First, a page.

Booker released a detailed report taking the three companies to task -- along with seven other pharmaceutical companies -- for failing to cut drug prices following a corporate tax cut that delivered billions in savings for the companies.
In the past, Booker was a solid vote for the interests of the pharmaceutical industry and the jobs that they created in the Garden State. And his critics were quick to point out that the Big Pharma firms were generous with their support of Booker, sending more than $400,000 in contributions his way since 2013.
But the romance has soured. Booker, a leading new voice in the Democratic Party, announced last June that his acceptance of political donations coming from the pharmaceutical industry were being put on hold because they were becoming a distraction in his efforts to bring down drug prices. In February Booker said he was done taking political donations from political action committees, or PACs.
It has been rumored that Booker is among a small group of Democrats considering a run for the White House in 2020 and his new position on political donations may be a nod to that effort.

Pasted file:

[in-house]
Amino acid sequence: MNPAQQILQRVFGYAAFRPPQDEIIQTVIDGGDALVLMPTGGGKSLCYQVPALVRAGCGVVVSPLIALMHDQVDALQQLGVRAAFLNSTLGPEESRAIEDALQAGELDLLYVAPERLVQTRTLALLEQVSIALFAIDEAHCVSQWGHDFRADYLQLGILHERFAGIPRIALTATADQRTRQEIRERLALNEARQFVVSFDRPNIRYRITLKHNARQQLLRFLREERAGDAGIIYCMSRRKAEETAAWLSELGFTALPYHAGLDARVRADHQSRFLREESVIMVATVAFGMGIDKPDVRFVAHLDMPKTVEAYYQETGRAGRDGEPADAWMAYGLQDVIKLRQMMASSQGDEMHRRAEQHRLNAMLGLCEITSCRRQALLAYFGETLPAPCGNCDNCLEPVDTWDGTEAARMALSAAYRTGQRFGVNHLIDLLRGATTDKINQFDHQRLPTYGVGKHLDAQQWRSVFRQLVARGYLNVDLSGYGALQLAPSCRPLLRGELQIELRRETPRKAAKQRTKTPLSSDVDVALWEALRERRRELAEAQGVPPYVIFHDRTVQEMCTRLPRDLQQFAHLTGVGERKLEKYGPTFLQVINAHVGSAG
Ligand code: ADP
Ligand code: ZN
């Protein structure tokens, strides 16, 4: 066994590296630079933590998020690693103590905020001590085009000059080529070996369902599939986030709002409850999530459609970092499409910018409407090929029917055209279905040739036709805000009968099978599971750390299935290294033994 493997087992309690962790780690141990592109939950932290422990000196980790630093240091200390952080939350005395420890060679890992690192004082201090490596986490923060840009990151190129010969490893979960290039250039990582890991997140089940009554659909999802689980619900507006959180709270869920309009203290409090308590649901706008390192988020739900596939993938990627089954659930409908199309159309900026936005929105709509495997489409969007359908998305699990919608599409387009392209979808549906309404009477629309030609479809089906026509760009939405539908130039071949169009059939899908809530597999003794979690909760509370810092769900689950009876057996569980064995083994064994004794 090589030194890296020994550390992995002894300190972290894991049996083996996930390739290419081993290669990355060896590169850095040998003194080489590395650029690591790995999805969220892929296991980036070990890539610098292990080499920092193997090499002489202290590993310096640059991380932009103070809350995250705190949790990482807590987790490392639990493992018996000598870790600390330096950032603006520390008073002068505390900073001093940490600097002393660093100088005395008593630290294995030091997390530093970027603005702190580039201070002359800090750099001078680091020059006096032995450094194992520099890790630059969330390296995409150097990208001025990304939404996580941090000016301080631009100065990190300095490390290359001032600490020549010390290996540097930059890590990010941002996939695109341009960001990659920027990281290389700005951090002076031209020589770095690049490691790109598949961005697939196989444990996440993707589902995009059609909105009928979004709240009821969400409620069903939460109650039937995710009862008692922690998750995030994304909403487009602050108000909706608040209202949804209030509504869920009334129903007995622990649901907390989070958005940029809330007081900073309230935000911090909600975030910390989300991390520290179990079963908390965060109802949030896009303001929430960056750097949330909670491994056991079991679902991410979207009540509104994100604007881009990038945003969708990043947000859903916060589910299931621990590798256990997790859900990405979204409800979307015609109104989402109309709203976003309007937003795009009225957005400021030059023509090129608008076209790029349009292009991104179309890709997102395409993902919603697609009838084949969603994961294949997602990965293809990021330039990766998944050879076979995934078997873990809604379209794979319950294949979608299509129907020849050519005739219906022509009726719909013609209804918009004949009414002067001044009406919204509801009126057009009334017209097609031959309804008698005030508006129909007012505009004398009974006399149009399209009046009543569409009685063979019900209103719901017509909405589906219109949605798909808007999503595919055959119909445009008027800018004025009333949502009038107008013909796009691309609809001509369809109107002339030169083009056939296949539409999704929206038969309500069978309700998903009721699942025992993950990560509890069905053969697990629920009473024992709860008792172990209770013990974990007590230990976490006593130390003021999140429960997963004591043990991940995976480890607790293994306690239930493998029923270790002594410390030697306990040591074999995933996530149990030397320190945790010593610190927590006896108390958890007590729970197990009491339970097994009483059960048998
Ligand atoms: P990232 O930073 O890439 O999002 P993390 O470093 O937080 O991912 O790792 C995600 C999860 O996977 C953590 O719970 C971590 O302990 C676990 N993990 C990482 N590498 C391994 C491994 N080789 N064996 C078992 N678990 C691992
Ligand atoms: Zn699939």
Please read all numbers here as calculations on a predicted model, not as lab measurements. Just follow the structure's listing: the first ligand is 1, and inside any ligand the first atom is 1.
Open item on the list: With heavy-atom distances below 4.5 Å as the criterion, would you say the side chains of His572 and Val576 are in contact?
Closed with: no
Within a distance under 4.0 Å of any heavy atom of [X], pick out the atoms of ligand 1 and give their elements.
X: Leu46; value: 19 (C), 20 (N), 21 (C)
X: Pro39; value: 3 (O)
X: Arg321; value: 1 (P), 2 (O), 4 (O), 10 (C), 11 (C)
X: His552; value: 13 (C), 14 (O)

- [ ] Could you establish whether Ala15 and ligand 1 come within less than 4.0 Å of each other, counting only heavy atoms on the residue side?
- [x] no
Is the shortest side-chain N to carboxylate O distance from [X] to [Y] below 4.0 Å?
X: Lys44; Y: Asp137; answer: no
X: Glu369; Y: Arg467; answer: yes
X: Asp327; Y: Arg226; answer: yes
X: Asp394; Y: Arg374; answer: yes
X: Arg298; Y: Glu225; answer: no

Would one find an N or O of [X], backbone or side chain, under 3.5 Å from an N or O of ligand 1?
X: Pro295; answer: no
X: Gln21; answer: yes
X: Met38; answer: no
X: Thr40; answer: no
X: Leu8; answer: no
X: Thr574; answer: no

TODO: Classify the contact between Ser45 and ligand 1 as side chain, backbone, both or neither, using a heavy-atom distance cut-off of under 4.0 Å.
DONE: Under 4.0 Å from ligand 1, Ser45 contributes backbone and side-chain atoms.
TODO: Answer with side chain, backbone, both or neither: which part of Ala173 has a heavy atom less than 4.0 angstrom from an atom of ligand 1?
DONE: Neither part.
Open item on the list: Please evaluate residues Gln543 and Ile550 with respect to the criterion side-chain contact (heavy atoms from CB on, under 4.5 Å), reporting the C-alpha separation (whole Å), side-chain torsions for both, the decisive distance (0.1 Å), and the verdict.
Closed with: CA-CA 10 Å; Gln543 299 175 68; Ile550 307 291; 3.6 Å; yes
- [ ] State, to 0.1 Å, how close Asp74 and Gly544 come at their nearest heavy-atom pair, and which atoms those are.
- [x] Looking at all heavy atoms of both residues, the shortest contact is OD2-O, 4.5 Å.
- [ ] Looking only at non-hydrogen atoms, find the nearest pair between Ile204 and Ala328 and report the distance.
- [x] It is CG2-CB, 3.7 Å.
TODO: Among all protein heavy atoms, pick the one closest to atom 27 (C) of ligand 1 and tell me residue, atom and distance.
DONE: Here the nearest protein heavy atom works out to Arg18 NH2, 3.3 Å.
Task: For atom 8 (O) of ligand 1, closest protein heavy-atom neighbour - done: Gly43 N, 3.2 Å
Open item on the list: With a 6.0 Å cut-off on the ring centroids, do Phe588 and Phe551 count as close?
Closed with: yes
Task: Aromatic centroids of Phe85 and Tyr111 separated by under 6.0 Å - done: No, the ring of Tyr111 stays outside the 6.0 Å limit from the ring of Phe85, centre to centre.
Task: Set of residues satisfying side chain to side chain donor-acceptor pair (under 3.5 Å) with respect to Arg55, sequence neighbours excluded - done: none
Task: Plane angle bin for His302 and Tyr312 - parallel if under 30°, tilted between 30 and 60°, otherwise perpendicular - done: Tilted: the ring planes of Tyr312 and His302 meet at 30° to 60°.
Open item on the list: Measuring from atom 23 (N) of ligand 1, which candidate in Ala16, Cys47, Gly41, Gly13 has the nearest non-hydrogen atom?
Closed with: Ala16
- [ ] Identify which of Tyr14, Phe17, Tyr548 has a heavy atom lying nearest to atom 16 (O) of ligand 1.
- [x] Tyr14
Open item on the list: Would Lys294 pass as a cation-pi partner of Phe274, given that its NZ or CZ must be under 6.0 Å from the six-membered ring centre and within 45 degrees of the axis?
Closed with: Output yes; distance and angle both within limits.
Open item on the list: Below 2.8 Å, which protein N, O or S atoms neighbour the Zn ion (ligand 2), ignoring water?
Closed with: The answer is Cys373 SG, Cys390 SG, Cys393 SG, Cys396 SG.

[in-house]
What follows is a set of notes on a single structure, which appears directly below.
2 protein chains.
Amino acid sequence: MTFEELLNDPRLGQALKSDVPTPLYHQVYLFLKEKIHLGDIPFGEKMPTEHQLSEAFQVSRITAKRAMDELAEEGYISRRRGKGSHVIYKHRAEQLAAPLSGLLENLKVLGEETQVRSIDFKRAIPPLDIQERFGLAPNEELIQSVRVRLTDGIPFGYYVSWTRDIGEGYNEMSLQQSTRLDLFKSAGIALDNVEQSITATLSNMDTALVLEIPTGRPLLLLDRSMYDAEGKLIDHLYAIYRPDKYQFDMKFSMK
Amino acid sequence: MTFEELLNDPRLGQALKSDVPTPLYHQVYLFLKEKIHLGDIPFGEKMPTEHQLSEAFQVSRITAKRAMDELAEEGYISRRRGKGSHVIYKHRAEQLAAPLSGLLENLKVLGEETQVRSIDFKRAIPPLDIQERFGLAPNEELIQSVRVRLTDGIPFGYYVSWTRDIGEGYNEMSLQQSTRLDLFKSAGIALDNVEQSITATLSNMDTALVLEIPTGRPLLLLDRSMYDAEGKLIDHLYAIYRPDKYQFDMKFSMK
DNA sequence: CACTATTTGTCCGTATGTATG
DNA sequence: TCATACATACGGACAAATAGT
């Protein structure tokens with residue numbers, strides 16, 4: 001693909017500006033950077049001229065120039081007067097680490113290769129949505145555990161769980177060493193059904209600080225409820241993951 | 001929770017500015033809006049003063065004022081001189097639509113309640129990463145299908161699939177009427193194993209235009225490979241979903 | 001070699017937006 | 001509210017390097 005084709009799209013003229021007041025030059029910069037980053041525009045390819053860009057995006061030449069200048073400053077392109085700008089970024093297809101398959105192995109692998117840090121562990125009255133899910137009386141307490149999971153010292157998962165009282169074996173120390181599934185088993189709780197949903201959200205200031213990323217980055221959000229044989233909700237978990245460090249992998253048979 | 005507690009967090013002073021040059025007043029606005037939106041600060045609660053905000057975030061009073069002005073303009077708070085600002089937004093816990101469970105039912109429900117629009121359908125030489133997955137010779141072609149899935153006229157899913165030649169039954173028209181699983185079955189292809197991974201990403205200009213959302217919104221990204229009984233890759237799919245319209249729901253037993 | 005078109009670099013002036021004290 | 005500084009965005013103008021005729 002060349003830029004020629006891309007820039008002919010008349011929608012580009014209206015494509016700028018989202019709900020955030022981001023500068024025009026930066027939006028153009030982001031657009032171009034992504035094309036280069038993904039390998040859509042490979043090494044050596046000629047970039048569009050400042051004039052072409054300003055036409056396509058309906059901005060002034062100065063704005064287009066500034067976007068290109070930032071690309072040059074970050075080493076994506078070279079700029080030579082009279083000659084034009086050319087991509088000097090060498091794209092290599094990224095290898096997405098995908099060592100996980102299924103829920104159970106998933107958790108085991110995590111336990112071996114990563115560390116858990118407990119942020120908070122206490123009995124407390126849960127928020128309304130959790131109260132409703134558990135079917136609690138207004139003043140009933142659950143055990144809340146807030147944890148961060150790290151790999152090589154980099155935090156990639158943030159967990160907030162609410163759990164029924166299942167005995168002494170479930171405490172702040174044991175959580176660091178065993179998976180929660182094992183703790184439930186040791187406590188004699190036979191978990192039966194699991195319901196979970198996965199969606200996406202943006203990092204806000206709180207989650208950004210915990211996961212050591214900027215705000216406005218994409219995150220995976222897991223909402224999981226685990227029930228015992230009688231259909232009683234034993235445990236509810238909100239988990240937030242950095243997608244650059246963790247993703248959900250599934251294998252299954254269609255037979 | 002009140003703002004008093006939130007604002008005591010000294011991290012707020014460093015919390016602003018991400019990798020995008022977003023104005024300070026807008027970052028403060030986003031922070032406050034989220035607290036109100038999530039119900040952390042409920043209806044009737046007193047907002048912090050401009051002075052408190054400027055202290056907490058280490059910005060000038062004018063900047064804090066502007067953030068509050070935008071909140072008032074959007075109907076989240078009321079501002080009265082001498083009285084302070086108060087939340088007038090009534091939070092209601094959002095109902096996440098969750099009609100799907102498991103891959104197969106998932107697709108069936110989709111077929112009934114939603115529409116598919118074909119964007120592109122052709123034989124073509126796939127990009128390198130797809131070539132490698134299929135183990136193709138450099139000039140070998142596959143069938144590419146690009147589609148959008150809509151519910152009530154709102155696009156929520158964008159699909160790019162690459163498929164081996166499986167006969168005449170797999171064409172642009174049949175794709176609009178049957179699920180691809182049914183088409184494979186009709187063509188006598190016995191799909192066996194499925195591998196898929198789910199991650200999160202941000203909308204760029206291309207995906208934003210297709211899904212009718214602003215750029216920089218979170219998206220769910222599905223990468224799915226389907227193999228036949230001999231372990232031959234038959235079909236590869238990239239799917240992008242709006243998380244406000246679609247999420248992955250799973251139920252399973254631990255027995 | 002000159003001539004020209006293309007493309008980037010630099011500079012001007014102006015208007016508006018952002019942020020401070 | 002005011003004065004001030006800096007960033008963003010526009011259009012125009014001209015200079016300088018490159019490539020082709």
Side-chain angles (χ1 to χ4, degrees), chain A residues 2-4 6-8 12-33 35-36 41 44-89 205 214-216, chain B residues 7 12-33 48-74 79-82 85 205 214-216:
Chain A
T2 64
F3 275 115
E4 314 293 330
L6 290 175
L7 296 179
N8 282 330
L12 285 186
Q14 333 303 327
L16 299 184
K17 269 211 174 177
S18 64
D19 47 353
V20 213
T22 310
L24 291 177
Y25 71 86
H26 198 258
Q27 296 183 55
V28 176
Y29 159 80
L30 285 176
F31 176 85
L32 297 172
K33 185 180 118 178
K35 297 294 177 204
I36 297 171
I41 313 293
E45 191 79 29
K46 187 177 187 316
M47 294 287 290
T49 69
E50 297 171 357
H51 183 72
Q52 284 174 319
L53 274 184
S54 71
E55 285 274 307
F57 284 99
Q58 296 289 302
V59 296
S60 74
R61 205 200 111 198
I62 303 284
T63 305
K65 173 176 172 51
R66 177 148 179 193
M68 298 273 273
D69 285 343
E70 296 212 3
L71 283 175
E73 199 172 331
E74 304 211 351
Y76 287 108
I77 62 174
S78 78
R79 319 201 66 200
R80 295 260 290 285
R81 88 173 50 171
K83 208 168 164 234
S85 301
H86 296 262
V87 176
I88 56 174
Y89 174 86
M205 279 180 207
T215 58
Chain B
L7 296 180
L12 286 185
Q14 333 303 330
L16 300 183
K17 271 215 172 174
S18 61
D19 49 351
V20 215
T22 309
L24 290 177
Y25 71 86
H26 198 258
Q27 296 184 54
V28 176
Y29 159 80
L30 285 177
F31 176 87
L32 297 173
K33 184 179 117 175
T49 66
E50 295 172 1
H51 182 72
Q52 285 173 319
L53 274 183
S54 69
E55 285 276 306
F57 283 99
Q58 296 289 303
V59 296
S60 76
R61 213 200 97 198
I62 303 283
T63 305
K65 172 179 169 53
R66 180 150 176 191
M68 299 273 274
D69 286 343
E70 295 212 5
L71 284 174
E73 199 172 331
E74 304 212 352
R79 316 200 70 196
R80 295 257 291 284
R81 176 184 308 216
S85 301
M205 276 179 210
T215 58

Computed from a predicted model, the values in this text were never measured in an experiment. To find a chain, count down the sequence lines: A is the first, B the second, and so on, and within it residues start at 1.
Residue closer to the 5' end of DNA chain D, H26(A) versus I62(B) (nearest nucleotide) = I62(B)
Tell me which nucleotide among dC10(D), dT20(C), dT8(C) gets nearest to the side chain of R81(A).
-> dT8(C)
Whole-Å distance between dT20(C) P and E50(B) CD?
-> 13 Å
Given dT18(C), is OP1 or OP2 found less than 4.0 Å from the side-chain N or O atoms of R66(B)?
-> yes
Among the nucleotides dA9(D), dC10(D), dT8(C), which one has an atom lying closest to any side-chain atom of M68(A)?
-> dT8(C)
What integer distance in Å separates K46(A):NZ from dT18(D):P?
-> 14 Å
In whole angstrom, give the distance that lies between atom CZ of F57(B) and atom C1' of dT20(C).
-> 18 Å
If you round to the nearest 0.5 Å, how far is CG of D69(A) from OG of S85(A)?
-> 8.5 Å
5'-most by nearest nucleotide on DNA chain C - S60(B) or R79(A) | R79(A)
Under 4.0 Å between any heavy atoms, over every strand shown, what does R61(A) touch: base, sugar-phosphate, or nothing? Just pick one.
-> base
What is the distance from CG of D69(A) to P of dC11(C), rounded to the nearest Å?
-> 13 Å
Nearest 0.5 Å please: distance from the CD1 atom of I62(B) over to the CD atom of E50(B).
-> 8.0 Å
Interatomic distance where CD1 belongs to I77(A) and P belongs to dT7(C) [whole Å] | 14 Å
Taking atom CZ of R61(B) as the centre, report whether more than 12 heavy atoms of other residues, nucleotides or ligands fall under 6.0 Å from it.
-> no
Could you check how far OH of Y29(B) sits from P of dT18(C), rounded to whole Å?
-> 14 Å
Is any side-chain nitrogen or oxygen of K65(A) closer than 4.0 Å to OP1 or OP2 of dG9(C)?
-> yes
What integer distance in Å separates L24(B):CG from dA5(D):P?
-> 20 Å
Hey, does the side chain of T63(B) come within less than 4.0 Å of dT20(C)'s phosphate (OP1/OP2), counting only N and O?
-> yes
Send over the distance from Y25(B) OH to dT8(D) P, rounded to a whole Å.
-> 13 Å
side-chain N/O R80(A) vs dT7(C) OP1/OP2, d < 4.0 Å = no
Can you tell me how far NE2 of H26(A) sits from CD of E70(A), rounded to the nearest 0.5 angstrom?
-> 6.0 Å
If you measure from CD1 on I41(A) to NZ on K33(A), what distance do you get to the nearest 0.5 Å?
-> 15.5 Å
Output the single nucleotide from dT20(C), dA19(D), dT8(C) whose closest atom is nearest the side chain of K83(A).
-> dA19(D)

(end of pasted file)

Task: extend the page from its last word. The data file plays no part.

But that doesn't explain the 16-page report that not only criticizes 10 pharma companies for not lowering drug prices but outlines billions in stock buybacks as well as actual increases in drug prices. "Instead of using the windfall to benefit consumers in the form of lower drug prices, they're using their savings to line the pockets of wealthy shareholders and executives. That's unacceptable."
Booker points out that the tax cut that dropped the corporate tax rate from 35% to 21% benefited the pharmaceutical sector in particular. It not only shaved 14% off the tax rate but also gave companies that had cash stashed overseas a one-time tax break on the repatriated money, dropping the rate to 15.5% to bring those dollars home. The report pointed to the New Jersey companies Merck, J & J and Celgene, as having $21.9 billion, $41.3 billion and $6.1 billion respectively deposited overseas, according to a 2017 Credit Suisse report.
The report also noted that Merck plans a $10 billion stock buyback program and Celgene a $5 billion program because of the tax break.
Booker's report took on other companies as well. Pfizer (PFE) , Gilead Sciences (GILD) , AbbVie (ABBV) , Amgen (AMGN) , Bristol-Myers Squibb (BMY) Eli Lilly & Co. (LLY) , and Mylan NV (MYL) are cited for everything from raising drug prices, to stock buybacks and putting shareholder interest before that of the public.
Merck, J&J and Celgene did not respond to a request for comment on Booker's report.
The pharmaceutical advocacy organization, Pharmaceutical Research and Manufacturers of America, took issue with the report, saying that Booker failed to point out that the same companies did use tax savings for research and development, employee bonuses and capital improvement projects.
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